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Cambered another iron, HSS for comparison

Posted by is9582 on February 22, 2013 with No Commentsas , , , , , , , , , ,

This is somewhat of a continuation on my previous article, talking about the cambered iron in my old Bailey No.3.

Well, I got back to work on the 8/4 Pecan, and I’m still resolving some slight twists in the board. I’d resharpened my No.3’s iron last night, just before calling it quits, so I was able to just get right to it. After planing for a couple of minutes, I could tell the iron was again ready for the water stones. Before taking the iron out of the No.3, I got side-tracked by something shiny! No, really, it was something very shiny. I keep a couple of backup iron close to my workbench, and I noticed one I’d bought within the last 5 – 6 years. It is one of the High Speed Steel (HSS) versions made by Paul Williams in Australia. I’d originally purchased it as a replacement for an old Stanley No.6, but it was really just a wee bit thicker than that plane could handle. Actually, it probably would be fine in 99% of those old planes, but mine seems to be a mish-mash of different time-frames. That iron has just sat around the shop for the duration, and I figured I’d finally get another No.6 sometime in the near future. What I’d completely overlooked is that it would also fit neatly into a No. 4 1/2, and I have a nice Lie-Nielsen version of that plane. The original iron in my No.4 1/2 is cambered ever so slightly, just the amount that I handle at the water stones; no grinder work necessary.

So, the Williams iron just went to the head of the class, ready to change into a nicely cambered iron. Here is a photo of the iron, before I took it to my grinder. The photo isn’t the best quality (sorry), but you still may be able to see the similar markings as I described in my last article, when I planned to modify an iron from a straight edge to cambered.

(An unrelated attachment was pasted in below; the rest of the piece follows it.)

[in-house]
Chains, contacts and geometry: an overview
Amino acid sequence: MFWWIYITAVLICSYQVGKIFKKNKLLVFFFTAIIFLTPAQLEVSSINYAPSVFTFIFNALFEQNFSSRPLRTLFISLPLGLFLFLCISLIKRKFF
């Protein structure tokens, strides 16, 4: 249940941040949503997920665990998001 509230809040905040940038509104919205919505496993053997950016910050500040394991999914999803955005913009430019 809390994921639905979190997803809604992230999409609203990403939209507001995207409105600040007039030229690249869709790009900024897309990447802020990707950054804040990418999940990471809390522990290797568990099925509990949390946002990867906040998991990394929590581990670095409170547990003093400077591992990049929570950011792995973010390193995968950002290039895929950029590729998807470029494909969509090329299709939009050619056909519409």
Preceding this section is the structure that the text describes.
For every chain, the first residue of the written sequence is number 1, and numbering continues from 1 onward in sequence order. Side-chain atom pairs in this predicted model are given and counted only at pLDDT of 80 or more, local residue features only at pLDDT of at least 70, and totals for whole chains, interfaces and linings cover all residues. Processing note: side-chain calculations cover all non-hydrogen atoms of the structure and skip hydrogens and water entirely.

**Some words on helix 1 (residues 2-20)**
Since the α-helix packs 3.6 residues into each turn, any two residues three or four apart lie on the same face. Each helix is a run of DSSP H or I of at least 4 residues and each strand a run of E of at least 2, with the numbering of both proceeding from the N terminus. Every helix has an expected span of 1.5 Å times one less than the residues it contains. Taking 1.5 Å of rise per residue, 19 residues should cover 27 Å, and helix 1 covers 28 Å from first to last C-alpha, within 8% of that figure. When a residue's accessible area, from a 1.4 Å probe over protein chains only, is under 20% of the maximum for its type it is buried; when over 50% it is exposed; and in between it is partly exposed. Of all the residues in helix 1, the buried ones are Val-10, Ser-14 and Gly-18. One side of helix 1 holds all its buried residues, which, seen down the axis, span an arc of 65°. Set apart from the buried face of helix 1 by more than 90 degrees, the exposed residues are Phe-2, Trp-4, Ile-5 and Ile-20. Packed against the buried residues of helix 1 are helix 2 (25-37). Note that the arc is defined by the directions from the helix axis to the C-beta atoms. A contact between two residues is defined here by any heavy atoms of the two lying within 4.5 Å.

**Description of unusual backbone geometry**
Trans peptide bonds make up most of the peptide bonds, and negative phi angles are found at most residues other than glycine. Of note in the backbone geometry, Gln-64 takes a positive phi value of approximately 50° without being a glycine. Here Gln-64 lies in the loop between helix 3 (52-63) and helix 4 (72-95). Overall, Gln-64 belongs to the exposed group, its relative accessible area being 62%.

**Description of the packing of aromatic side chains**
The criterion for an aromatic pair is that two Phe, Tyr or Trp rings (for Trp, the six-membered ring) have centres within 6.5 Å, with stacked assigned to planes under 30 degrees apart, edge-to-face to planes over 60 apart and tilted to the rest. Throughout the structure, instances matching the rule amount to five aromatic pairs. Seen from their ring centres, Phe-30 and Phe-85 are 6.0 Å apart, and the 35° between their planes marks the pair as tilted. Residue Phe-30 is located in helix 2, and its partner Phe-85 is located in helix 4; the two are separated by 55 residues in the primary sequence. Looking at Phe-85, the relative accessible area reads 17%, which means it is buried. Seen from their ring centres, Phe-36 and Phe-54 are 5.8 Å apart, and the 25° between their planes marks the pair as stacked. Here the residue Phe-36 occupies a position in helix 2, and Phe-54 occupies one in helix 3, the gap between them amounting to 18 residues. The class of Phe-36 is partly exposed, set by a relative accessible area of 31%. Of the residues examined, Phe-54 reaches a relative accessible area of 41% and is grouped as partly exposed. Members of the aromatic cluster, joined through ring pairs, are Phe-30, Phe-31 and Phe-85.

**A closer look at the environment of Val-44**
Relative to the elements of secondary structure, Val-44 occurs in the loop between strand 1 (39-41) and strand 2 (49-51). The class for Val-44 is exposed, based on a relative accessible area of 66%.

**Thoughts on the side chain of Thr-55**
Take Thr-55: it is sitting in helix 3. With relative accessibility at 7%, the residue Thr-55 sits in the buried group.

Arrow is pointing to gentle curve I drew with a Sharpie.

Same iron as above, with the bevel up, as it’s a bit easier to see.

I have a pink friable 80-grit wheel on my grinder, that does a pretty good job removing metal, without imparting too much heat. Even though this iron is HSS, and should be able to handle a bit rougher treatment at the grinder, I still prefer to use a light touch. When going for a camber, I base my grinding on how much material I need to remove. With this iron, even though it’s a light camber (at least in my eyes), there is still a fair amount of metal that must go. I start at the two corners and start blending towards the center, until I’m getting close to my target shape. At that point, I begin to use one hand almost like a clamp, holding the iron on the rest and pivoting around a centralized position. This seems to blend the arc better than I can do, if I try to work each side on its own, all the way to the finish. 
I snapped another couple of photos, after I’d finished at the grinder, but before moving to my sharpening/honing water stones.
Back of cambered iron straight from the grinder. Arrow pointing towards camber.
Bevel side of cambered iron, before honing.

I used my basic honing guide and set the iron so I’d hone at 35 degrees. Since the back of the iron had a substantial burr, from the grinding, I made some light side-to-side passes on my 1000-grit water stone. It took a minute or two to hone up through 8000-grit, and the iron was ready to work.

I installed this iron into my Lie-Nielsen No.4 1/2, and set it for a fairly light shaving. I easily planed for 15 – 20 minutes, with no obvious feedback telling me the iron was needing attention. Now this iron is HSS, and it is known for retaining an edge for a long time, but its also known it doesn’t get as razor sharp as high-carbon steel. From what I could tell, while working on the Pecan, this HSS iron felt like it could just as easily been a high-carbon steel iron. It was too similar to tell any difference.